- Associated Press - Saturday, February 14, 2015

HUNTINGTON, W.Va. (AP) - Pour-over coffee is about the details.

Visit Bittersweet Coffeehouse at the corner of 20th Street and 7th Avenue, and coffee flavors listed on the daily menu have more than just one- or two-word descriptions. They have a list of a few flavors that will be discovered with every sip.

Baristas make each cup by slowly pouring water into a ceramic or glass coffee dripper to extract more flavors for each cup. The locally owned shop is located in the same building and is under the same ownership as A Southern Company at 2001 7th Ave., and is unique in Huntington in its pour-over coffee technique.

When A Southern Company, a women’s clothing and decor retailer, opened in May 2014, a coffee shop was always part of the plan, said Madelynn Coalson, assistant creative director at A Southern Company.

“(Owner Rita Evans) travels a lot and knew there were no other pour-over coffeehouses in this area,” Coalson said. That brewing technique and a great location near Marshall University and the Village on Sixth Apartment Complex have contributed to Bittersweet Coffeehouse establishing itself as a popular gathering place over the past six weeks.

It’s now another place where one might find friends gathered to catch up and warm their hands around a mug, and students and professionals at work on their laptops.

Sam Hood of Huntington was among the latter on a recent morning. He frequents Bittersweet Coffeehouse for a few reasons, he said.

“It’s nearby. The coffee is good, and the people are nice,” Hood said.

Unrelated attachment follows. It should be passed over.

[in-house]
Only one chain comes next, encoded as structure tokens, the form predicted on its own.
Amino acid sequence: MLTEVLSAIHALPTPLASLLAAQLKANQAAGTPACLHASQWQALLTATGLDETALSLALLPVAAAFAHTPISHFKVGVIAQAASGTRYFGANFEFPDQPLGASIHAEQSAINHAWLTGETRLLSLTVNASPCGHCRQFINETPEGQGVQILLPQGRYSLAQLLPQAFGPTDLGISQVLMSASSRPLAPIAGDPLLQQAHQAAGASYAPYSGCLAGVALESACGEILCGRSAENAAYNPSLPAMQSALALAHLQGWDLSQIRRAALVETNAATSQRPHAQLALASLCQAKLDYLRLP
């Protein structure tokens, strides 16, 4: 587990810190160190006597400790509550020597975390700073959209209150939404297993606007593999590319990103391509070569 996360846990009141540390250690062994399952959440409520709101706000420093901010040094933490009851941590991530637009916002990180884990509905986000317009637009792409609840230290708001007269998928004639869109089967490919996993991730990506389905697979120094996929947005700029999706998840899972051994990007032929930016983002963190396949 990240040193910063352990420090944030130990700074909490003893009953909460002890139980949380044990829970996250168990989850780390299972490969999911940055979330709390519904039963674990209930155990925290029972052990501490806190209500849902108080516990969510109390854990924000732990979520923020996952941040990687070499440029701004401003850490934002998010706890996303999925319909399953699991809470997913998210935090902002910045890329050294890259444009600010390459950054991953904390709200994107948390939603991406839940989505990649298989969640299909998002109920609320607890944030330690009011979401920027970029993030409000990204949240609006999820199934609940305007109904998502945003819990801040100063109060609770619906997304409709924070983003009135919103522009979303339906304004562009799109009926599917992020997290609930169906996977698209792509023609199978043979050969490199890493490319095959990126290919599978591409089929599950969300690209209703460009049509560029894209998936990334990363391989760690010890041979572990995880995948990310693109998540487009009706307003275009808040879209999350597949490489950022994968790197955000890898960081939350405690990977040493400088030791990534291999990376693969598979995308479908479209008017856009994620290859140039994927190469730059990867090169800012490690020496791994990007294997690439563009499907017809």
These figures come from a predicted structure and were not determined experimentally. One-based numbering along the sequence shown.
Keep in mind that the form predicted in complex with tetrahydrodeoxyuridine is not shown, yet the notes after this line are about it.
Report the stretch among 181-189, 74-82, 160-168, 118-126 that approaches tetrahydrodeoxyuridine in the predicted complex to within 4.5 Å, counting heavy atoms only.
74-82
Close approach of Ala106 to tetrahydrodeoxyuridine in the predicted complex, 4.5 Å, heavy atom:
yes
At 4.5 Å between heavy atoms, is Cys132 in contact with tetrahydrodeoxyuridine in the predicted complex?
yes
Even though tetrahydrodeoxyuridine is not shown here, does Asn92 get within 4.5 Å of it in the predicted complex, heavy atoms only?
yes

St. Mary’s nursing student Kayla Goodwin said she visits the coffee shop a lot to study in a ‘cool environment’ free of the distractions at home, and to have some great coffee. She likes that it uses a lot of fresh, from-scratch ingredients. The coffee used at Bittersweet Coffeehouse is supplied by Lamp Lighter, a regional roasting company out of Richmond, Virginia.

“I also love that it’s a local store and I can come support a local business,” Goodwin said.

She’s among a broad range of loyal patrons, Coalson said.

“We have a diverse group of college students, medical professionals and there’s a group of guys from the steel mill who come all the time,” she said. “I think we have a little bit of everything.” The environment is a draw for many people, Coalson said, adding the building has been a great space to work with in terms of design and decor. The structure first opened as a cookie factory and then was home to Perfect Printing for 30 years. More recently, the address temporarily housed HYAMP, an all-ages concert venue.

“We’re trying to respect the integrity of the building,” Coalson said.

Managed by Bridgette Kidd, the coffee shop is open from 7 a.m. to 8 p.m. Monday through Friday, from 8 a.m. to 8 p.m. Saturday and from 9 a.m. to 8 p.m. Sunday.


Information from: The Herald-Dispatch, https://www.herald-dispatch.com

Copyright © 2018 The Washington Times, LLC.

The Washington Times Comment Policy

The Washington Times welcomes your comments on Spot.im, our third-party provider. Please read our Comment Policy before commenting.


Click to Read More and View Comments

Click to Hide